But because Israelis don’t need the non-Orthodox movements to maintain a Jewish identity, they often fail to understand why these movements are genuinely important for American Jews. And because American Jews do need those movements, they often fail to understand why many Israelis dismiss them as unimportant.

This mutual misunderstanding goes a long way toward explaining controversies like the one over the Western Wall deal, which would have given the non-Orthodox movements equal space and visibility at the site. The non-Orthodox movements believed that this deal would bolster their members’ Jewish identity by making them feel more welcome in Israel in general and at the wall in particular; thus they were understandably outraged when the government scrapped it. But the deal was irrelevant to secular Israelis’ Jewish identity, so they weren’t upset by the government’s decision to cancel it in exchange for ultra-Orthodox support on issues more important to most Israeli voters.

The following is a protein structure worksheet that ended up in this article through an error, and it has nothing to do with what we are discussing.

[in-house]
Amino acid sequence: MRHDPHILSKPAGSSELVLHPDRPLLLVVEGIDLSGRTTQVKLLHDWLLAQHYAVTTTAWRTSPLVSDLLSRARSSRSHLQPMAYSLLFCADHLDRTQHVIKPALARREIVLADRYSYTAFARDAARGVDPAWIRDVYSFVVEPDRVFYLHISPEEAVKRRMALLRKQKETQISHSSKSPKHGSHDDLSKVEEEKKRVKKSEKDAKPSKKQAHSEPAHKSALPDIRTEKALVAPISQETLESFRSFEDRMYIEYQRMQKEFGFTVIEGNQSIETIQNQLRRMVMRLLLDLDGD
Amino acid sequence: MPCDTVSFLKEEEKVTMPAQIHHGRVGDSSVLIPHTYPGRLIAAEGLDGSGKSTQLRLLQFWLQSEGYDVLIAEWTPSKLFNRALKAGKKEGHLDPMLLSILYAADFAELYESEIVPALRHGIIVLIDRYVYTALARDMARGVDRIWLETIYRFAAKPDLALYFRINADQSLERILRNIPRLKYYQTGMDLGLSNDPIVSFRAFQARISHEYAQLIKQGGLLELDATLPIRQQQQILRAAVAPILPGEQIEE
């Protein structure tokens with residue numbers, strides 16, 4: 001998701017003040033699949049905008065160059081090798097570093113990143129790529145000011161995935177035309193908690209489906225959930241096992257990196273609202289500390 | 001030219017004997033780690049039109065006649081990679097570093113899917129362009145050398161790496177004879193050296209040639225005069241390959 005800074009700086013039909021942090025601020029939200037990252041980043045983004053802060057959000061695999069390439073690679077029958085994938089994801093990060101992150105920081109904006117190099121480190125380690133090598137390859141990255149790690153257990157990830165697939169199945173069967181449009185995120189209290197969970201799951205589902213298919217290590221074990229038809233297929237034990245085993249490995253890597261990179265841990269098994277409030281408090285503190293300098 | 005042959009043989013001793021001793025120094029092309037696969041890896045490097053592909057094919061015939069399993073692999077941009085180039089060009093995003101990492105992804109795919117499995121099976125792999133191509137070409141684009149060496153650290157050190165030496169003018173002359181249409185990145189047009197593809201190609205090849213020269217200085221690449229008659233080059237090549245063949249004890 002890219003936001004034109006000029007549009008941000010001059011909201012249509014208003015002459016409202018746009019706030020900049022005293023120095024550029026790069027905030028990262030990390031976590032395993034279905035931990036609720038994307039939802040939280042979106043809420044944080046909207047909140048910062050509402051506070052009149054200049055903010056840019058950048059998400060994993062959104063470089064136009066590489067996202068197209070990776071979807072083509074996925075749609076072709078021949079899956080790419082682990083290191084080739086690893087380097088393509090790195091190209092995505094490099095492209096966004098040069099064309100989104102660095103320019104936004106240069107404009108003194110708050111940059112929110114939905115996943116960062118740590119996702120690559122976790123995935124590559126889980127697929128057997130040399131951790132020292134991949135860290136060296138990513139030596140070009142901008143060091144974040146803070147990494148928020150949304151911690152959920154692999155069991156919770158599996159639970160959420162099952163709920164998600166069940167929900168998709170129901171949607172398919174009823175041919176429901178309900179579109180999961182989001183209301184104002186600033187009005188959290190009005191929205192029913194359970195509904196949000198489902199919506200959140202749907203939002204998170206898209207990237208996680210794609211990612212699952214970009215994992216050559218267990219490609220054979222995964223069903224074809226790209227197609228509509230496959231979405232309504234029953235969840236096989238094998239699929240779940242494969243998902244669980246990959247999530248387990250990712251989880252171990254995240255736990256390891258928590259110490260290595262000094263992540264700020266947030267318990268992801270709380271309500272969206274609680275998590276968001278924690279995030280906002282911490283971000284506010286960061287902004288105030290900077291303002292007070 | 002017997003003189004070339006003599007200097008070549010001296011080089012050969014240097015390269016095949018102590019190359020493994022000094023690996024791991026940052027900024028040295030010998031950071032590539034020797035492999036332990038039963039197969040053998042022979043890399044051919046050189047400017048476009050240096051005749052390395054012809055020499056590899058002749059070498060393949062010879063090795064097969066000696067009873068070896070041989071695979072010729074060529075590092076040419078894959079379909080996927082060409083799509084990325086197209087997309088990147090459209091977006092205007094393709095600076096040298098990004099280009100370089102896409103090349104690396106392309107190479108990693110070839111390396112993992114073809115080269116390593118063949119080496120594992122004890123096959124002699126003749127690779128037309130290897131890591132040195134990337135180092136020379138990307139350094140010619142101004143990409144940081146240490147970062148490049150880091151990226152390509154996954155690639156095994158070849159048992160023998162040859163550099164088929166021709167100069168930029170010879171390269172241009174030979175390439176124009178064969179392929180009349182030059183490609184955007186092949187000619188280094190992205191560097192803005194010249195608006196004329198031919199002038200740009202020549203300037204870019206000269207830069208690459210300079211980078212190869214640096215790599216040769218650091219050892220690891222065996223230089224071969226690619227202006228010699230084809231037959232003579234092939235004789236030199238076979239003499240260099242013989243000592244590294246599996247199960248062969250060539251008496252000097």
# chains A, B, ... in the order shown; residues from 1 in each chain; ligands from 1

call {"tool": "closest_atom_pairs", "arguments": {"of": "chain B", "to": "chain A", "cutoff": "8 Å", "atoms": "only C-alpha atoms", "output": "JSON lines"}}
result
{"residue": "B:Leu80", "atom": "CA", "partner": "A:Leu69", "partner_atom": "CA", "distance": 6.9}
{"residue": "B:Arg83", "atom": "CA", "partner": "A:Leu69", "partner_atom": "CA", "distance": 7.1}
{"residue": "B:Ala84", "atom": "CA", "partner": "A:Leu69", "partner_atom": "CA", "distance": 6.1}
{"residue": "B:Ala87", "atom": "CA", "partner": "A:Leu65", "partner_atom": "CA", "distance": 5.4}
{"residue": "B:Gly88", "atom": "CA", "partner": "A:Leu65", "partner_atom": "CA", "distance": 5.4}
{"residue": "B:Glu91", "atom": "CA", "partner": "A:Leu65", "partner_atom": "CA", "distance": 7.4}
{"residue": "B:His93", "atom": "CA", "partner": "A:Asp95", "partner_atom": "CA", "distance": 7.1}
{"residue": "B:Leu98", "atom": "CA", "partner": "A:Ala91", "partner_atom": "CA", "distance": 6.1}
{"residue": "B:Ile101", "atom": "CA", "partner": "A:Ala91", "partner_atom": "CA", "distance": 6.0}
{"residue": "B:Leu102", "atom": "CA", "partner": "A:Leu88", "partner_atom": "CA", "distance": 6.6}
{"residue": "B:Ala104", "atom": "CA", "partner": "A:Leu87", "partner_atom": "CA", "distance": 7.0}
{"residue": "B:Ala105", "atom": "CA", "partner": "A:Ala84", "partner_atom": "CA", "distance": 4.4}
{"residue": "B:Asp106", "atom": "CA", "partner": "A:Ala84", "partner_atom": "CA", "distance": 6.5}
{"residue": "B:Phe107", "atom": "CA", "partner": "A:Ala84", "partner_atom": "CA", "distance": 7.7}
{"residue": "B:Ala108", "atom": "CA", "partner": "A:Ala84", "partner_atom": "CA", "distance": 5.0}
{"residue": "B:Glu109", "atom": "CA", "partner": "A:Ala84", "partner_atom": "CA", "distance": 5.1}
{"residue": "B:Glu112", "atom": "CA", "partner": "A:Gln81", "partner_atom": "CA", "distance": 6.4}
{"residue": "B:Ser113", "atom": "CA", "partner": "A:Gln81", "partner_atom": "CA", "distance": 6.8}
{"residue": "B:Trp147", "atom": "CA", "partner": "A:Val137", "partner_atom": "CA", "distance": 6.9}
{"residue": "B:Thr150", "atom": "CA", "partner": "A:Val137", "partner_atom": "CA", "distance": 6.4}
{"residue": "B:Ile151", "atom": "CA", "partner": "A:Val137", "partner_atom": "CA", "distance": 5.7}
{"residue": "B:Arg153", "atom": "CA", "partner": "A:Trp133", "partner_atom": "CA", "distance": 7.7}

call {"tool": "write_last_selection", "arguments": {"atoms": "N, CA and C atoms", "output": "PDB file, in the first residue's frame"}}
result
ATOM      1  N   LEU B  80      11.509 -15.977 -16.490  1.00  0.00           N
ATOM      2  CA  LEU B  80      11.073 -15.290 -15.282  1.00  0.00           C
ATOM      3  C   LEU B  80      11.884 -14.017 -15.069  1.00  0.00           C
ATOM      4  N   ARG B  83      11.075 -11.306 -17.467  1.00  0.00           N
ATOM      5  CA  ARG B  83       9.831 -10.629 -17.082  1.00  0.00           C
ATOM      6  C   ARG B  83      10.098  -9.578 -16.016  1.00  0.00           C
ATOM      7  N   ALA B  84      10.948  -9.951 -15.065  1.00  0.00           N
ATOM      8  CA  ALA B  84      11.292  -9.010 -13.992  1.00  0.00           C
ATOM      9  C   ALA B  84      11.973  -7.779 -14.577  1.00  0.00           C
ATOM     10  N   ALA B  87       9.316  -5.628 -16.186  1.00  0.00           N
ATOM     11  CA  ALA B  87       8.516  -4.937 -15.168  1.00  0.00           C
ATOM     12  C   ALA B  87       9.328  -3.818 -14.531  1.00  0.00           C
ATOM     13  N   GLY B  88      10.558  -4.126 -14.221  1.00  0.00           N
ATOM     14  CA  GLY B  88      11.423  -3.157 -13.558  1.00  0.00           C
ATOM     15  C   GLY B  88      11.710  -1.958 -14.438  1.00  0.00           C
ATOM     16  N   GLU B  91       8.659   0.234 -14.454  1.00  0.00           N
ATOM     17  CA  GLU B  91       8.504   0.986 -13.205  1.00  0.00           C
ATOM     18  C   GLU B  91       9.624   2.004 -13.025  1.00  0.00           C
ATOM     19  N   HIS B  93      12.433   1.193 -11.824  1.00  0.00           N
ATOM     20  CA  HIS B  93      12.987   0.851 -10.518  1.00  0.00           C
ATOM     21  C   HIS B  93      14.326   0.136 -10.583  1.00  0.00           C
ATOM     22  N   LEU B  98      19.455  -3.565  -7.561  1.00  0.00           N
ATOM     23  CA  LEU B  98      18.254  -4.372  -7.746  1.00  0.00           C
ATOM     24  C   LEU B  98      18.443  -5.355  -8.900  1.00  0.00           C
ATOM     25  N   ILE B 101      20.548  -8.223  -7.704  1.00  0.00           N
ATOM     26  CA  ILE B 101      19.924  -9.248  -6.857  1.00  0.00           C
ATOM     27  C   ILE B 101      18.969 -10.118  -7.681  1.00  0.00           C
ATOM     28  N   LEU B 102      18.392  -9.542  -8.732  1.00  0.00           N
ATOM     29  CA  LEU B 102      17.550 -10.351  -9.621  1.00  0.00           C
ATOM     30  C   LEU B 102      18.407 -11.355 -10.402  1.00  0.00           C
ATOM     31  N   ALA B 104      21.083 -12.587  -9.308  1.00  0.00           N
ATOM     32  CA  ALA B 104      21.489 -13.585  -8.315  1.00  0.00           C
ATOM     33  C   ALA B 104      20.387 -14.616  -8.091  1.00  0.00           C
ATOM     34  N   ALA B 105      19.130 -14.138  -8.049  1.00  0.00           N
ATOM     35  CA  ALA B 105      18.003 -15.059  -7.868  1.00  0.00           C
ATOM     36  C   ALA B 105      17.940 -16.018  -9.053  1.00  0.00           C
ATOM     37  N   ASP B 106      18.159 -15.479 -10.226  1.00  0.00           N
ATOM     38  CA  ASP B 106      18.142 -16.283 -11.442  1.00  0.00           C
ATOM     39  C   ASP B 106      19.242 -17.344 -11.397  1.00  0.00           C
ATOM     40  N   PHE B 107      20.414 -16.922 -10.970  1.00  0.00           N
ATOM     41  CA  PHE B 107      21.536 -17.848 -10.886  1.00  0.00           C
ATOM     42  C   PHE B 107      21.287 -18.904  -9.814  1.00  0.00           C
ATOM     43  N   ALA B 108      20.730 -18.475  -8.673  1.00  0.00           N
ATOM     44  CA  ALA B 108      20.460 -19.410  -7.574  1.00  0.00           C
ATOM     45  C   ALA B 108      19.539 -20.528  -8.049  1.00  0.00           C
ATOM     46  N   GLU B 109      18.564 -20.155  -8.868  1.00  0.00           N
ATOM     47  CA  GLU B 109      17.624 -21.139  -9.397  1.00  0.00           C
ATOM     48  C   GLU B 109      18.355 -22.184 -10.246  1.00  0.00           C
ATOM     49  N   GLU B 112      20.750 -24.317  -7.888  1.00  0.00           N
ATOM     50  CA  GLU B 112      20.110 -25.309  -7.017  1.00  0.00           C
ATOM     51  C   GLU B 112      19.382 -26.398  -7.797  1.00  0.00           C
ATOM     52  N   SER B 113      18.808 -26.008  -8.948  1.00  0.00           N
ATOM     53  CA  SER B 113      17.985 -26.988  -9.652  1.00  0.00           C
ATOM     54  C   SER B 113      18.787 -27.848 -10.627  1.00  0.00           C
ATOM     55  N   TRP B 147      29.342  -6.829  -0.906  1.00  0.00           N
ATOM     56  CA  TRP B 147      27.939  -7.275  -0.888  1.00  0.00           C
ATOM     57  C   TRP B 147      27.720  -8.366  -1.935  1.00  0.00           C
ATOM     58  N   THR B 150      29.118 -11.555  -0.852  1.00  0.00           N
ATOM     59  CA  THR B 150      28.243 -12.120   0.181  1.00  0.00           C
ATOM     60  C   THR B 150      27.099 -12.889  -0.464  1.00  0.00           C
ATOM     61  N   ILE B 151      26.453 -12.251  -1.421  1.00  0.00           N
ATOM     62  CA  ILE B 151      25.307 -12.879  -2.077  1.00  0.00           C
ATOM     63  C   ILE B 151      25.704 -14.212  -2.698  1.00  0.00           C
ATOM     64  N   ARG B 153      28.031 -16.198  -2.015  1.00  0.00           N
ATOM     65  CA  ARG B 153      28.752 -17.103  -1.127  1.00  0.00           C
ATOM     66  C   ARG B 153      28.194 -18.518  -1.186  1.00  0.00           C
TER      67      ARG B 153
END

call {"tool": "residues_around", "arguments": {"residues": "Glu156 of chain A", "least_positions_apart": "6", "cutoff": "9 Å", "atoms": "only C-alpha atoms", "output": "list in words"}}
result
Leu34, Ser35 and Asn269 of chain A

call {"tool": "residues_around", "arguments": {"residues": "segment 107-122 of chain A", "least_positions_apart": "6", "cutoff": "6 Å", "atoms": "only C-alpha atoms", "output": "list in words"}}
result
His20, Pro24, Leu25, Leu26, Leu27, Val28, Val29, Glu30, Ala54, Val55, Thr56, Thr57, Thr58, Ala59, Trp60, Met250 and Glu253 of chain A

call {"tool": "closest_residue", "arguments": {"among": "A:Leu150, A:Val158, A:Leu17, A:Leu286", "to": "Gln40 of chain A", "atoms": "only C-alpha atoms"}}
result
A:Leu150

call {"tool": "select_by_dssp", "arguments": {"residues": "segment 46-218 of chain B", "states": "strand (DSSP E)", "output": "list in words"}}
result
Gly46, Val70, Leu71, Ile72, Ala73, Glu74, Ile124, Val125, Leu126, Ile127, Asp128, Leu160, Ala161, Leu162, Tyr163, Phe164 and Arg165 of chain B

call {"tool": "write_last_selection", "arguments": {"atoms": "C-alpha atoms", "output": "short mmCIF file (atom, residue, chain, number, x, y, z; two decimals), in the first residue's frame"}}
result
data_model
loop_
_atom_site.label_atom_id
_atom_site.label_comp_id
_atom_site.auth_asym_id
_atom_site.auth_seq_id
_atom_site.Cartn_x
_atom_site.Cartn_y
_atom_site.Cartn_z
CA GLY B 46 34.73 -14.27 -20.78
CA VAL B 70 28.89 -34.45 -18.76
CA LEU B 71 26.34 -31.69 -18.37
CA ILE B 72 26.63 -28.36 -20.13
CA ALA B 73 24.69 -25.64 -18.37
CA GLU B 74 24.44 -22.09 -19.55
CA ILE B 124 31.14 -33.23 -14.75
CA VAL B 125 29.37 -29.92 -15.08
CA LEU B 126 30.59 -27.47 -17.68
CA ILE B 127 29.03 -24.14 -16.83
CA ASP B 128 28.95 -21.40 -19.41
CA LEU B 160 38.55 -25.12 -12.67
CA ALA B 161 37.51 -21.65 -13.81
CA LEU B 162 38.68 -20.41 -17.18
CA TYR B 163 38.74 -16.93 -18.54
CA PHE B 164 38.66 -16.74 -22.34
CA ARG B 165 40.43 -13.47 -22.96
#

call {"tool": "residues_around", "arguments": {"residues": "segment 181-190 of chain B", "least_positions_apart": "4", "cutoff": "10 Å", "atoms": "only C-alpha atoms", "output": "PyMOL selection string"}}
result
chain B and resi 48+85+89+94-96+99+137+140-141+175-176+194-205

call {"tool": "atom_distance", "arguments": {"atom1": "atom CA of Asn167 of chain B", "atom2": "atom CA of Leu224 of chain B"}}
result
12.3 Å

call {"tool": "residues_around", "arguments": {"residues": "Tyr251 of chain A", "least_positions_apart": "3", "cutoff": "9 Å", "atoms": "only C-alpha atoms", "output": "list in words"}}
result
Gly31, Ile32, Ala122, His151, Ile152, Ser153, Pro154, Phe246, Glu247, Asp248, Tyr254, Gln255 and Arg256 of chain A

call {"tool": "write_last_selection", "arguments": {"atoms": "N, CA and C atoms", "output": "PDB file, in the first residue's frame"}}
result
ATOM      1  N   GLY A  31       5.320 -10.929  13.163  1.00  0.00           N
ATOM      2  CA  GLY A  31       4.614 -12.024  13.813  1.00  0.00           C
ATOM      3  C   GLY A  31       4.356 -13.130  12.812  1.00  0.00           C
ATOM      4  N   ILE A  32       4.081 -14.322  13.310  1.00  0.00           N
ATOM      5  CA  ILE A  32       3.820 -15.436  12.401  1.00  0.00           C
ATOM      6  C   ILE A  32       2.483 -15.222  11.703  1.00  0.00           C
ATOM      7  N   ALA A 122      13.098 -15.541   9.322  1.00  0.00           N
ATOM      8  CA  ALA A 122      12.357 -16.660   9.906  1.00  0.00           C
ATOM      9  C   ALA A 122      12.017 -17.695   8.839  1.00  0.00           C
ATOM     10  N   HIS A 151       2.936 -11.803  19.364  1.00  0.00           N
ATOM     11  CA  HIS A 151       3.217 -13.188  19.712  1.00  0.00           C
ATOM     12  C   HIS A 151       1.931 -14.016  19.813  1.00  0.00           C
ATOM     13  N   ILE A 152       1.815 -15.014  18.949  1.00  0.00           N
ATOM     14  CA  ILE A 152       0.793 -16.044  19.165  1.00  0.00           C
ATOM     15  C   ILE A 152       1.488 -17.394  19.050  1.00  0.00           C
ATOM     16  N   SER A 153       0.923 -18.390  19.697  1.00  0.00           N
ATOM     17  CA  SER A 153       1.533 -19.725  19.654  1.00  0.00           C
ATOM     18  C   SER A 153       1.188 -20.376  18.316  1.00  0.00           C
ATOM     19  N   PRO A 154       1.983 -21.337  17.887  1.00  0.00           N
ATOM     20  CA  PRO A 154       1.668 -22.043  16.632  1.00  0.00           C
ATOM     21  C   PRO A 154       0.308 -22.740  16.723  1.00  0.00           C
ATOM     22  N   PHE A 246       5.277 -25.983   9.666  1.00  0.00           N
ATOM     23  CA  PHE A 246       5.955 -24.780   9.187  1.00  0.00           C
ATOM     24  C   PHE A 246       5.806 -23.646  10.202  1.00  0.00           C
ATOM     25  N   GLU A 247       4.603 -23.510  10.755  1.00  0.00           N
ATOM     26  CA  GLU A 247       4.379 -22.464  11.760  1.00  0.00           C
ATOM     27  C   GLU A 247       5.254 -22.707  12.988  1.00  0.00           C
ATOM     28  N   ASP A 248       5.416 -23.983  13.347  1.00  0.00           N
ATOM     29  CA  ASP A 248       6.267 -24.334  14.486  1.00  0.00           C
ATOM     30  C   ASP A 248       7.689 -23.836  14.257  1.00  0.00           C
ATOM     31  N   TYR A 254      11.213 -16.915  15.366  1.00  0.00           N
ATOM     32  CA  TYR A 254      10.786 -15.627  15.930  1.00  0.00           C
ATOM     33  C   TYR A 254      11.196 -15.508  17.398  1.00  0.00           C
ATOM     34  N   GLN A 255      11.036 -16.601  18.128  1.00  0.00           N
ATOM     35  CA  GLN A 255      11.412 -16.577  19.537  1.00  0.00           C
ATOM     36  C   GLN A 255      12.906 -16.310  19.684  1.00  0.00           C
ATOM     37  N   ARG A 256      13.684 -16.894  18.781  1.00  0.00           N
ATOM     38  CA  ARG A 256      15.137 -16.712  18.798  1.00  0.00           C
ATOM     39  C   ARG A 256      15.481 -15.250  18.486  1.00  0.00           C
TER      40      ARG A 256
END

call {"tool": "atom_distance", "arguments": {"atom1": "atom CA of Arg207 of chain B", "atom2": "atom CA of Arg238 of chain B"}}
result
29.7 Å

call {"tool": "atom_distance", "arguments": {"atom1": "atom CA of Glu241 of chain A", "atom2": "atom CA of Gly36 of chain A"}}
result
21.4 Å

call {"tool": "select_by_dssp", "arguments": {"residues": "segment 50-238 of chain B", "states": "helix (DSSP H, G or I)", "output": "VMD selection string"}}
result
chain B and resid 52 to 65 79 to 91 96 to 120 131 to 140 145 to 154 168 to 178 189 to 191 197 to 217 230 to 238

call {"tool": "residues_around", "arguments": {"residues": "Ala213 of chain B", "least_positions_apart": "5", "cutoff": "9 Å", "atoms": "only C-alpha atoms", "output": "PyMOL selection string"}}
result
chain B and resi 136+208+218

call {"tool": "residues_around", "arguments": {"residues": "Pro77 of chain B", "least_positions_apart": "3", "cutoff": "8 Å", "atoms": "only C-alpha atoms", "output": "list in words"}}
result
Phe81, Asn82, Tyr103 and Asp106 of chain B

If Israelis understood the gaping void the non-Orthodox movements fill in America, they might have realized that the Western Wall deal was genuinely important. And if American Jews understood that no such void exists in Israel, they might have realized that Israelis’ indifference to the deal wasn’t a slap at American Jewry, but merely a reflection of the issue’s irrelevance to Israelis’ Jewish identity, which inevitably made it low priority for them.

This understanding probably wouldn’t resolve many Israel-Diaspora disputes, but it might at least make them less bitter. And that, in itself, would be a step forward.

This article was originally syndicated by JNS.org (www.jns.org) on October 24, 2018. © 2018 JNS.org

3 Responses to ‘We need to talk’ about the role of non-Orthodox movements

  • Noru Tsalic says:

    Another excellent, hugely insightful and well-researched article. Well done, Evelyn! Your articles should be published in the top Israeli and American newspapers — they’d make a meaningful change from the drivel they often publish.

  • David Fried says: